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Astron. Astrophys. 336, 565-586 (1998)

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1. Introduction

Herbig Ae/Be (HAEBE) stars are young intermediate-mass pre-main sequence stars. As the more massive (M = 2-8 [FORMULA]) counterparts of the T Tauri stars, they represent the connecting link between low- and high-mass young stellar objects. Since their first description by Herbig (1960), the number of known HAEBE stars and candidates increased continuously with the catalogues of Strom et al. (1972), Finkenzeller & Mundt (1984), and Thé et al. (1994) from originally 26 sources up to nearly 300 objects today. FU Orionis stars probably represent a transition stage in the evolution of solar-like pre-main sequence stars and attracted a lot of attention because of their expected association with highly active circumstellar disks (Hartmann & Kenyon 1996).

Both HAEBE and T Tauri stars share a lot of peculiarities like infrared excess emission, mass loss, association with molecular gas and optical nebulosities as well as variable metallic and Balmer emission lines. Despite these similarities, the group of HAEBE stars spans a much wider range in mass and luminosity than the T Tauri stars. We should also note that not all classification criteria always apply to an individual source.

Because of their youth, young stellar objects are usually located close to or in the region where they have been formed and their evolutionary status is directly related to the structure of the molecular cloud/circumstellar environment. This is the reason why the investigation of these regions is of special interest. To explain the spectral energy distributions of the HAEBE stars at infrared/millimetre wavelengths, circumstellar disks, spherically symmetric envelopes or a combination of both were used (Hillenbrand et al. 1992, Hartmann et al. 1993, Natta et al. 1993, Henning et al. 1994). In contrast to the classical T Tauri stars, the general presence of accretion disks around the HAEBE stars is a much less observationally proven fact. The relative contribution of the disk/envelope emission will change with luminosity and age of the objects as well as with wavelength, beam size of the observations, and possibly with the inclination of the system. Di Francesco et al. (1997) tried to constrain the presence of disk material around the HAEBE stars by millimetre interferometry measurements. They could only detect Elias 1 and two deeply embedded millimetre sources near the target stars, LkH[FORMULA] 198 MM and LkH[FORMULA] 225 S (= V 1318 Cyg S), with certainty. Meanwhile, Mannings & Sargent (1997) unambiguously demonstrated the presence of disks around AB Aur and HD 163296. HAEBE stars with strong forbidden line emission show evidence for asymmetric line profiles (obscuration of redshifted forbidden emission), attributed to the occulting effects of a disk (Corcoran & Ray 1997). In addition, the relative strength of outflows scales with the reddening of the star in the same way as for classical T Tauri stars (Corcoran & Ray 1998).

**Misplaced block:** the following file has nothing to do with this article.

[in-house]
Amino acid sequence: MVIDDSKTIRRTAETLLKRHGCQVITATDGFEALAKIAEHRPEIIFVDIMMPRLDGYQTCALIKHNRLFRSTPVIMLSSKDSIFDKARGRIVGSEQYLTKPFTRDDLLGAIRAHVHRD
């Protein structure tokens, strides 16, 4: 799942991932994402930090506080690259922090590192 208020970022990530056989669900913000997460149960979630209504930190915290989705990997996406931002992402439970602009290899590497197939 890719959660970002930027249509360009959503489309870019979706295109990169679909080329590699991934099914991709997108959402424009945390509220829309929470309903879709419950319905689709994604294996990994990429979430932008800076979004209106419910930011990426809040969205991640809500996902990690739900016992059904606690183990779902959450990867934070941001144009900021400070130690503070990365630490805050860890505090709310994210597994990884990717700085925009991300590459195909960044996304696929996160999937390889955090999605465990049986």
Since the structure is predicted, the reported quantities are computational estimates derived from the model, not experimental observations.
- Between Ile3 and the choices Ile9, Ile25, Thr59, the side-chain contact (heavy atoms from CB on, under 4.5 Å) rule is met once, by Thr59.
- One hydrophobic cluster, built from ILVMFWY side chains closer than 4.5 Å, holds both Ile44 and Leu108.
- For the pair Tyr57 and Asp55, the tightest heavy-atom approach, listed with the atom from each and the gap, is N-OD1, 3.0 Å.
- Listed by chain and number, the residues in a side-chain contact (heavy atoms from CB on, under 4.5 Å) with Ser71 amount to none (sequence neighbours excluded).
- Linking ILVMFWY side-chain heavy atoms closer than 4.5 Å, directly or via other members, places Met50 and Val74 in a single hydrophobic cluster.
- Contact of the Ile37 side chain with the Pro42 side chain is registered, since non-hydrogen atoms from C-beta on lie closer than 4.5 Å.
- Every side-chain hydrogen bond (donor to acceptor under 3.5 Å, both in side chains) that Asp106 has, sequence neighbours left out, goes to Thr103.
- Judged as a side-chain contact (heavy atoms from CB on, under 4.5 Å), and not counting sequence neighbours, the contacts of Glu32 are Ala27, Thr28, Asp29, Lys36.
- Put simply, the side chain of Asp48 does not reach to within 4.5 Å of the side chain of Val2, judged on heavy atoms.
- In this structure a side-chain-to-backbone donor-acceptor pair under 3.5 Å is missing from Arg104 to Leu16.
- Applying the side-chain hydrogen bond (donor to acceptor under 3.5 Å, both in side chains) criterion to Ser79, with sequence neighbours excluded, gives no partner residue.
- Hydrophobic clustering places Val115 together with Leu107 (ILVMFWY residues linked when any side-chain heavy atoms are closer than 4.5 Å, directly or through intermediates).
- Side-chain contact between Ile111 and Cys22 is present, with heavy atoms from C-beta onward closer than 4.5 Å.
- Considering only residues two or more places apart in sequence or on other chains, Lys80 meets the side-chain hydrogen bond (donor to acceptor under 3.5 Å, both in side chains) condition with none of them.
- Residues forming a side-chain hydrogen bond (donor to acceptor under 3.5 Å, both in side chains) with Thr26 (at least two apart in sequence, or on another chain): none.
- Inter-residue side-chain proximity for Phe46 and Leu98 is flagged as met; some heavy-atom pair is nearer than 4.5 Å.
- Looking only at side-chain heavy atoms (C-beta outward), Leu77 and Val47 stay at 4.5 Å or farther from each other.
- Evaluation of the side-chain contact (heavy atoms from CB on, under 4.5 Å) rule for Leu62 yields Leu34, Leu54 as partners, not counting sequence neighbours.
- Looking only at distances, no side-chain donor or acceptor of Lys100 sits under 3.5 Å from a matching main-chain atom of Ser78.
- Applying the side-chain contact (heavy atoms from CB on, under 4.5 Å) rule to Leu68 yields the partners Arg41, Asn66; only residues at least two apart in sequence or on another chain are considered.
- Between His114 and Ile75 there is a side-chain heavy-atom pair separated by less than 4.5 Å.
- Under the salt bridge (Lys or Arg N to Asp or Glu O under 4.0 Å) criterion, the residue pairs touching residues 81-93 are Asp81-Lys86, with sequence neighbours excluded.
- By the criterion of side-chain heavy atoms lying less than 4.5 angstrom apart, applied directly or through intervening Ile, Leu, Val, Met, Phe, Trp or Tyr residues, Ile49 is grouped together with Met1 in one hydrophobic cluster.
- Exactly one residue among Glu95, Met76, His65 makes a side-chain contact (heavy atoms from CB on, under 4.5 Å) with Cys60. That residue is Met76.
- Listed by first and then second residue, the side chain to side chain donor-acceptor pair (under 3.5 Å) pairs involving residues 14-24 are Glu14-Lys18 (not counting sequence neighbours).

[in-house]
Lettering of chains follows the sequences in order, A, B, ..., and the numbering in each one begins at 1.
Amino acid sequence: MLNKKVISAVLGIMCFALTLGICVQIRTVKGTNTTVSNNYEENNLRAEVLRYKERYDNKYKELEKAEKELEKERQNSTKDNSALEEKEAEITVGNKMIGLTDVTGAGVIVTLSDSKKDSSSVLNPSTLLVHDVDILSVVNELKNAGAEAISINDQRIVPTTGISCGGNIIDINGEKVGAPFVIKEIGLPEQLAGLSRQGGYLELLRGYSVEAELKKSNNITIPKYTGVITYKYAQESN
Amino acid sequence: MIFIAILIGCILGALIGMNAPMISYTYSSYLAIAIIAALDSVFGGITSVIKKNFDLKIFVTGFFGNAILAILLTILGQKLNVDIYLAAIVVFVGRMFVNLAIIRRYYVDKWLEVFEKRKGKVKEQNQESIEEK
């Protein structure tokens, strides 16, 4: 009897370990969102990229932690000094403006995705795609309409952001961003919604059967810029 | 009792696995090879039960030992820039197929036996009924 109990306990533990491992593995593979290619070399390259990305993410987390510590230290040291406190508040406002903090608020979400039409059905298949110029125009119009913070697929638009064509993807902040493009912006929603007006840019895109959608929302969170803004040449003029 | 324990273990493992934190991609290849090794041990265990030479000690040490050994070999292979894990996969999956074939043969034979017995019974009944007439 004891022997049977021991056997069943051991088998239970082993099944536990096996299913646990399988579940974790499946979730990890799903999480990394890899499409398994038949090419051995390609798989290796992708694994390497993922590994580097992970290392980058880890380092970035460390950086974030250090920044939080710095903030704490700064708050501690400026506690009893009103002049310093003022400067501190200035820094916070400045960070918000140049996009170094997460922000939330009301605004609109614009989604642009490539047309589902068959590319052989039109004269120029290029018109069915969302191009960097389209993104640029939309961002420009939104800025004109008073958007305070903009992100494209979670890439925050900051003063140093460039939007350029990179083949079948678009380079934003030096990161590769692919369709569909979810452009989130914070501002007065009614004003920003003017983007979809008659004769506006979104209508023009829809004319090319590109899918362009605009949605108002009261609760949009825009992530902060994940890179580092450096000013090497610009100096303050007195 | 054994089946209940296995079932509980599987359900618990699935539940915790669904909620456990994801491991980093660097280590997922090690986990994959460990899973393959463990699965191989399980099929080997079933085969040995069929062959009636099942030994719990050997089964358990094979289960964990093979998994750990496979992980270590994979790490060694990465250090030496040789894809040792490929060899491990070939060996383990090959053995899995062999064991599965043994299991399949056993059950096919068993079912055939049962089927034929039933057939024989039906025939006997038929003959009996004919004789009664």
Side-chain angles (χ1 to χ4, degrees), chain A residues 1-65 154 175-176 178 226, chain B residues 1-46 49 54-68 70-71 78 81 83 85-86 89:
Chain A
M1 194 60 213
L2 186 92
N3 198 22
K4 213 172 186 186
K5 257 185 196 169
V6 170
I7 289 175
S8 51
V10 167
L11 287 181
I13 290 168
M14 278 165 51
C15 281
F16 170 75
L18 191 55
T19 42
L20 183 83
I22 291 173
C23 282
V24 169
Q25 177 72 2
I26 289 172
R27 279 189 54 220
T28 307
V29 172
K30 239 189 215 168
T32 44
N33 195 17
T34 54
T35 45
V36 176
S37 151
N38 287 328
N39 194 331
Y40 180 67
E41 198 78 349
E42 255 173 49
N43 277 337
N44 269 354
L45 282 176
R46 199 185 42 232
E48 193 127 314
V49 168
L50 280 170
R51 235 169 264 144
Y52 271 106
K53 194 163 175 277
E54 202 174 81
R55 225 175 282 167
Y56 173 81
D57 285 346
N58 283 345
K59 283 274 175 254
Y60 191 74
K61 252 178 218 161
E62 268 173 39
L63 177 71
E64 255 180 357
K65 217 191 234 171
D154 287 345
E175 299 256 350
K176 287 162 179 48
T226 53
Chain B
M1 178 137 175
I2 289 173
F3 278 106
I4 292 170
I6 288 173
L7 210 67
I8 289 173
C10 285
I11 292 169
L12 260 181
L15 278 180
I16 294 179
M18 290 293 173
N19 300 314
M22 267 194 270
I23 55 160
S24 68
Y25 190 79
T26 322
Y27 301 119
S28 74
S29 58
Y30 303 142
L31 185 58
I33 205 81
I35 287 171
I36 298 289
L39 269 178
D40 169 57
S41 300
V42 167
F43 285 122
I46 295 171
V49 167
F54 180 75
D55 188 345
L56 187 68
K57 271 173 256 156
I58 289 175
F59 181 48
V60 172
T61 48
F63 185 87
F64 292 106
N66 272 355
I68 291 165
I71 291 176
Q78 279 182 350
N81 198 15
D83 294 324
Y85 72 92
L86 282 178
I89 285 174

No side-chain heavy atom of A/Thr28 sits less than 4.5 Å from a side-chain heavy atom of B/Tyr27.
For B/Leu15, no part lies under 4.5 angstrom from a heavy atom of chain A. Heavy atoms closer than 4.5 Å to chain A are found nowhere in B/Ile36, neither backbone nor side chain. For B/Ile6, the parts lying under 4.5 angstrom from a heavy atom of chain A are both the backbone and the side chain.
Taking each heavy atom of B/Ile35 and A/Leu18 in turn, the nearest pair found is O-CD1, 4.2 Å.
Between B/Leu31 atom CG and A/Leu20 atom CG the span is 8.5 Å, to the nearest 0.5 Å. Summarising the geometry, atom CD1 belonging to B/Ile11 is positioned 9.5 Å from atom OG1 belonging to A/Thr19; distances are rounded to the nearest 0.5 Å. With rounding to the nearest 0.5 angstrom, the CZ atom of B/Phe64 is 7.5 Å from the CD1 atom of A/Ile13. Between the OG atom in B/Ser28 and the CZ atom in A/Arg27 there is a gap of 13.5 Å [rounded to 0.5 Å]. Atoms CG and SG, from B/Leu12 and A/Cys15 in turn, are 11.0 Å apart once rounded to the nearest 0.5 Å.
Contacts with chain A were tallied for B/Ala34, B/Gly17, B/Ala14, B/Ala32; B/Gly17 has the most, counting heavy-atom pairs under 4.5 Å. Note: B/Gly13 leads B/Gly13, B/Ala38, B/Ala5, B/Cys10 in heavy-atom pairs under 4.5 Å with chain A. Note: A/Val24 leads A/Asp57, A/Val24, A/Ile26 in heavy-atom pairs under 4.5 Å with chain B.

We should also note that binary and even multiple systems can be associated with a millimetre emission peak and it may be difficult to attribute a certain millimetre flux density to an individual optical/infrared source. Furthermore, there remains the question as to how clumpy the dust distribution in the envelopes is (Grinin et al. 1991, Friedemann et al. 1992).

Previous studies did not demonstrate that single-dish On-On measurements give sufficient information for a detailed radiative transfer modelling. By mapping the R Cr A and T Cr A region, Henning et al. (1994) already showed that the 1.3 mm emission was not associated with the two HAEBE stars, but with the deeply embedded source IRS 7. Another example is LkH[FORMULA] 198 MM which is a deeply embedded millimetre source close to the HAEBE stars in this region. The problem of the flux density assignment was a strong motivation for this millimetre continuum study. To give answers to some of the previous questions, we extended our 1.3 mm On-On continuum survey of southern HAEBE stars (Henning et al. 1994) and mapped 20 northern and southern HAEBE stars as well as 5 FU Orionis stars with the IRAM and SEST telescopes. The 1.3 mm dust continuum emission is an excellent tracer of dense and cold circumstellar envelopes and provides good column density and mass estimates, whereas easily observable molecular lines are going to be optically thick in high-density regions ([FORMULA]). The contribution of free-free emission at 1.3 mm wavelength should be in general less than 10% in the case of HAEBE stars (see, e.g., Mannings & Sargent 1997). To compare the 1.3 mm emission with thermal emission and scattered light in the near infrared, we compare our millimetre continuum maps with NIR images of the regions.

In the following, we describe the observations (Sect. 2), discuss the derived physical properties and individual objects in Sect. 3, and present the results of the radiative transfer calculations for four characteristic sources in Sect. 4.

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© European Southern Observatory (ESO) 1998

Online publication: July 20, 1998